This course examines queer memories, histories, identities, and articulations of self through autobiography, biography, archival materials, personal essay, and memoir. Students engage with theory and methods foundational to engaging queer archives, analysis of primary-source documents, auto/biographical literature, and cultural histories. This course explores who tells queer stories, and how they are told. Students ask, whose voices and histories are heard, documented, or legitimized and uncover memories in the margins? With an emphasis on the intersections of race, socioeconomics, gender, and sexuality, students engage with materials produced by and about queer icons and significant moments in queer history, as well as lesser known figures and events, particularly those rooted in communities of color. This course concludes with student produced auto/biographical projects incorporating themes and examples explored throughout the semester.Prerequisite: 3 credits of IH1 and 3 credits of IH2, HMST 220, or HMST 230
This course examines the practices of research and community engagement and differences between them; and surveys influential instances of research misconduct in history. Students will investigate the ethics of research and engagement, particularly issues of informed consent, institutional authority, researcher positionality, and intellectual property as they apply to working with and learning about other people.Prerequisite: 3 credits of IH1 and 3 credits of IH2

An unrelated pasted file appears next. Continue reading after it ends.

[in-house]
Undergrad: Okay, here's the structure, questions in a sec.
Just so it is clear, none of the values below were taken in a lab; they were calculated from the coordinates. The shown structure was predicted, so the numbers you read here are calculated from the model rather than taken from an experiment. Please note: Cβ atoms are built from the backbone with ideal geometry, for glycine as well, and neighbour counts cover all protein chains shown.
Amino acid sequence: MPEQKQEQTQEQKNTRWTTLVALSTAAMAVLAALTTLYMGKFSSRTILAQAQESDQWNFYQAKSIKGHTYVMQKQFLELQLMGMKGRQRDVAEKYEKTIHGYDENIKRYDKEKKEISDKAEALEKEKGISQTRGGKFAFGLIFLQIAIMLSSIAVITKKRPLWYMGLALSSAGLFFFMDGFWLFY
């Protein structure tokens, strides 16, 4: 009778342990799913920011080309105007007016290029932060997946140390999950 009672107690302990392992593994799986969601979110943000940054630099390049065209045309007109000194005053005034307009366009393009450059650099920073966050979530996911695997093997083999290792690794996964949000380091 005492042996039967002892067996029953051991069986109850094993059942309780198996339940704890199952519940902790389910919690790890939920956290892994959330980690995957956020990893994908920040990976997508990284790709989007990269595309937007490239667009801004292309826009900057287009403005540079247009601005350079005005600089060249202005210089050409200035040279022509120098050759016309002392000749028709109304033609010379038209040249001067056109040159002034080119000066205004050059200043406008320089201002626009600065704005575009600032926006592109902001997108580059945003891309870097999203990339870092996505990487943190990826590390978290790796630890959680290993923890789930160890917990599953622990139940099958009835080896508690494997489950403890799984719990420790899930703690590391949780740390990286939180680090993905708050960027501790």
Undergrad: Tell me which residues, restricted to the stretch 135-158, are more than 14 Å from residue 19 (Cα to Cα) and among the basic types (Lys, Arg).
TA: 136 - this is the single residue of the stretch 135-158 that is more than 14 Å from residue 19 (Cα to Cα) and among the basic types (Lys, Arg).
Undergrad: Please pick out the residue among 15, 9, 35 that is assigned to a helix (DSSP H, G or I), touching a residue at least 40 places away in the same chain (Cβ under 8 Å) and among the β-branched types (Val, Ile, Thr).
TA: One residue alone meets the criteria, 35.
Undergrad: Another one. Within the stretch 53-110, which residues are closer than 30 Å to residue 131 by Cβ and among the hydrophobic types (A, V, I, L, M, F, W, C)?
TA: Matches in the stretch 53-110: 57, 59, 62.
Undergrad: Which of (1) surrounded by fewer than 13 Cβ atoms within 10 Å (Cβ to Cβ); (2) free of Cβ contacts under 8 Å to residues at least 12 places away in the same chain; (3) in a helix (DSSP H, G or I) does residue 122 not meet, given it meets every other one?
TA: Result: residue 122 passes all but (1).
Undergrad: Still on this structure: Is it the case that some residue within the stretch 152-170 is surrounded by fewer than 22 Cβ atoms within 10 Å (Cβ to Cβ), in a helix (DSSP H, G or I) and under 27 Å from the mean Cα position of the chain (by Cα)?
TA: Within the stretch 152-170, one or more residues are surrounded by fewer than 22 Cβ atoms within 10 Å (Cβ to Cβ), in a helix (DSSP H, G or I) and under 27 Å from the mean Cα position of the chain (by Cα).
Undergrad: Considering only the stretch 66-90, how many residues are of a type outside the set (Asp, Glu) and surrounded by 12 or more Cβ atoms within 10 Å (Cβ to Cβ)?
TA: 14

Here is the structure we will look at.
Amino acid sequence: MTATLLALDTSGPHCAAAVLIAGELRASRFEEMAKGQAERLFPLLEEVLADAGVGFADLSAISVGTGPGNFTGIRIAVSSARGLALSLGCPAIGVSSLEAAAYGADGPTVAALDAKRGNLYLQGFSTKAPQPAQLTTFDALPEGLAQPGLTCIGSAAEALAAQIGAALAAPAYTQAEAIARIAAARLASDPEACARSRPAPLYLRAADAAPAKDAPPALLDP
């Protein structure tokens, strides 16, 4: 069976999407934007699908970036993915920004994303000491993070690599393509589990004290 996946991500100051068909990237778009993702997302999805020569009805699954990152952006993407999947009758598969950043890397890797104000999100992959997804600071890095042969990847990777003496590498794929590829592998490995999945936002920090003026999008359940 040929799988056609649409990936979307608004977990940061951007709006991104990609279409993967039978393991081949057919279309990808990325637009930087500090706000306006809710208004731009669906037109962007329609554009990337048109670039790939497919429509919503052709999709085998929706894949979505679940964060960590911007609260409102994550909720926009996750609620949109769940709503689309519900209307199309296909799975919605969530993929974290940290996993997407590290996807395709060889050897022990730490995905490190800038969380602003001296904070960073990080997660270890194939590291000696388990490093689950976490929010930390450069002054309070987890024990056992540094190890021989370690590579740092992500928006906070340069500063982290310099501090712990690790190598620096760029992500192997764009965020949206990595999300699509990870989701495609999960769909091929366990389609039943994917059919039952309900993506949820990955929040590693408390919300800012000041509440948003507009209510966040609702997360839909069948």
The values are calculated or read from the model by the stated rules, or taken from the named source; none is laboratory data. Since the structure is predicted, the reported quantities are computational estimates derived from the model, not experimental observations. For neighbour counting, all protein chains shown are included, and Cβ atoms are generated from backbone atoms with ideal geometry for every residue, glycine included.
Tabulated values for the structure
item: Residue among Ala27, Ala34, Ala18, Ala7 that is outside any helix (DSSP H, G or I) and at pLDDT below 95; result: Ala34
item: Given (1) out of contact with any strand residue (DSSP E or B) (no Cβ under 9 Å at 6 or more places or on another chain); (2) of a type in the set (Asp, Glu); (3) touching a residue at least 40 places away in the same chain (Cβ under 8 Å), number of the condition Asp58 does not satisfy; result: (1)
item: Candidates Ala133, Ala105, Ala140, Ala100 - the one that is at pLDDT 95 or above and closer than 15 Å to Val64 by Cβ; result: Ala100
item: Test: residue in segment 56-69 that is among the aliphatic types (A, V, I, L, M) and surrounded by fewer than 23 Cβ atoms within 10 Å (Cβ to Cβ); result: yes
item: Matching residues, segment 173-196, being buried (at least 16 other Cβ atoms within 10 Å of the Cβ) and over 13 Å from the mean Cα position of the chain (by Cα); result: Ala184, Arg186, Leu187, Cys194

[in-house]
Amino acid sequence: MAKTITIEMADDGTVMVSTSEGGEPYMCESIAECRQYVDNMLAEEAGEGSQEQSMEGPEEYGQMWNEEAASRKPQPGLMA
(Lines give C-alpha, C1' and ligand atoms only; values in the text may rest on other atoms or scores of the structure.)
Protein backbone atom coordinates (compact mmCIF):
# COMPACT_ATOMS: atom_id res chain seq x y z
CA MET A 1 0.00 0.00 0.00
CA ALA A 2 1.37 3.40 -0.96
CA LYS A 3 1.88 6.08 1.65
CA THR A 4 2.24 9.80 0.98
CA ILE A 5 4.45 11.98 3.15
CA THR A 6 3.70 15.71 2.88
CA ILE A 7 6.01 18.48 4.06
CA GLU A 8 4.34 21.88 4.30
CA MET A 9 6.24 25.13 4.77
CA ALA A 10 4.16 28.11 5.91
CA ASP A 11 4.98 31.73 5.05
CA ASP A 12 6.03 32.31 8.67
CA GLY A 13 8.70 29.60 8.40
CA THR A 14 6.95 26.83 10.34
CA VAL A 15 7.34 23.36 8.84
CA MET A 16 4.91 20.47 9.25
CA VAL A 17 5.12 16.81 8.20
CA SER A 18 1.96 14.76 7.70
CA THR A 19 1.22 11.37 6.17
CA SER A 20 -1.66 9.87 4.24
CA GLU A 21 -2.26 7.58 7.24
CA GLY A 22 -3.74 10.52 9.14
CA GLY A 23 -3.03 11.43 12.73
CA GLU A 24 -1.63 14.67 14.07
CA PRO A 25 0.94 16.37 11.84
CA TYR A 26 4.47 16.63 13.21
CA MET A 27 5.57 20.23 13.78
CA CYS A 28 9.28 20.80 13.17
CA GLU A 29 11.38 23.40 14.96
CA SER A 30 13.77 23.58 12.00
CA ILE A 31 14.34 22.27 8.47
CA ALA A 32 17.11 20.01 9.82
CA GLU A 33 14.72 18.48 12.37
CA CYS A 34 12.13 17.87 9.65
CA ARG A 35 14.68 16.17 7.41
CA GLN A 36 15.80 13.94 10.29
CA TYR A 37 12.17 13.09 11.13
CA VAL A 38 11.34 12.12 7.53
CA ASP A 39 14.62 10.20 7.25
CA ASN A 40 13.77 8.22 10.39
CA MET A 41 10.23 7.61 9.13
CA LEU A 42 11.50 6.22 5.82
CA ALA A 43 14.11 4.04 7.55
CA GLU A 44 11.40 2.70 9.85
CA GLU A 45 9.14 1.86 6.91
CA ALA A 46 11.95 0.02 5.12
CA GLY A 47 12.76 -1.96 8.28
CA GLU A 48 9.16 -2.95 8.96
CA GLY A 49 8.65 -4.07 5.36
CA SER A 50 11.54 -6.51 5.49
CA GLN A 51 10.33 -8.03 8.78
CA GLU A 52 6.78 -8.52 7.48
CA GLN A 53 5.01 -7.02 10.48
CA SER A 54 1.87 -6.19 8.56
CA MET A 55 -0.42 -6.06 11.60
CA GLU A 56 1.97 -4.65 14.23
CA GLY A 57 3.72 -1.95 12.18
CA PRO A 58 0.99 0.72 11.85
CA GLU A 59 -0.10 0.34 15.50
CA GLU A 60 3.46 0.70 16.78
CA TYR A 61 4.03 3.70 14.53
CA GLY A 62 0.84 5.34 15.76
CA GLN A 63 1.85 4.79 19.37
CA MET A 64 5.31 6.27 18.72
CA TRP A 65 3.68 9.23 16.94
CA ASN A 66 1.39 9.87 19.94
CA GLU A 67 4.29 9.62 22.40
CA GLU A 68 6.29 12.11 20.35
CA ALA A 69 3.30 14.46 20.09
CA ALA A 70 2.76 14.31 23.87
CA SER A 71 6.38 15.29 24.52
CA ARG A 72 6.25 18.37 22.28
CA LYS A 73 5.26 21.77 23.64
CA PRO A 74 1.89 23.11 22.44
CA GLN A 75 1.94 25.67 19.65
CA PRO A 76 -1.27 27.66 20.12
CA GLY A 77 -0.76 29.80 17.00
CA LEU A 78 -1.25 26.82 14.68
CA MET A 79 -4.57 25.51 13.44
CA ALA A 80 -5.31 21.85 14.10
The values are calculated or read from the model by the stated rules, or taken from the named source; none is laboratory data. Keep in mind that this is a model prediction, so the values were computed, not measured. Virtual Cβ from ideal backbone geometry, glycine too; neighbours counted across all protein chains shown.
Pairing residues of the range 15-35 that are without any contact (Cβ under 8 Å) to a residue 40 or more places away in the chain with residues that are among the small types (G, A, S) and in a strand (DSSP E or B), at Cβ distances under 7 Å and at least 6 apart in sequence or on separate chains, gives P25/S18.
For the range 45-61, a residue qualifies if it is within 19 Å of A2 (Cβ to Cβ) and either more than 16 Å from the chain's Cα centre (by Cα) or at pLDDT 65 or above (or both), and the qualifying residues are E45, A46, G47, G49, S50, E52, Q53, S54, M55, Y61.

Writing is important in all Humanistic Studies classes, but this class takes a practical stance. With publication as a goal, we will write for journals, blogs, conferences, and zines. Each student will produce and refine three essays, with the help of workshop-style critiques and selected readings. We will focus our energy in particular on art and cultural criticism, taking as our subjects of inquiry selected works of visual art, film, literature, and performance, as well as certain cultural phenomena. As we read the work of influential critics and write our own essays, we will consider the purpose, value, and potential of criticism, and strive to develop our own unique critical voices.Prerequisite: one academic course at the 200 level or higher
An interdisciplinary area of scholarly inquiry in which Islam is not considered a religious, spiritual, or cultural tradition, but rather becomes the focal point of an area of study that explores, through a variety of disciplines and methodologies, how we produce knowledge that is no longer organized by the West/Non-West divide. Students investigate global ways of thinking and being in the world, raises questions about decolonization and postcolonial approaches to understanding the world, and critiques Islamophobia, Euro-centrism, and other forms of Xenophobia. This course introduces materials from a variety of fields, which may include Anthropology, Sociology, Literature, History, Cultural Studies, Critical Studies, and Islamic Studies.Prerequisite: 3 credits of IH1 and 3 credits of IH2, HMST 220, or HMST 230
Fall and Spring of the senior year, will be taught by a single instructor who will serve as the mentor for each student’s senior thesis project. The class will also focus on contemporary issues in Humanistic Studies. This will serve as a culmination of work done at the lower levels. The thesis project will begin very early in the fall with a written proposal by each student. Some students will choose research papers; some will choose an integrated project linking their studio work with their academic work. Students should undertake a major project that grows organically out of their three years of experience at MICA as a combined Studio Art + Humanistic Studies major.Senior Art History and Humanistic Studies majors and minors only
Students concentrate on their thesis projects. Class presentations and group critiques take place as work progresses; students work toward a public presentation at the senior show.Senior Art History and Humanistic Studies majors and minors only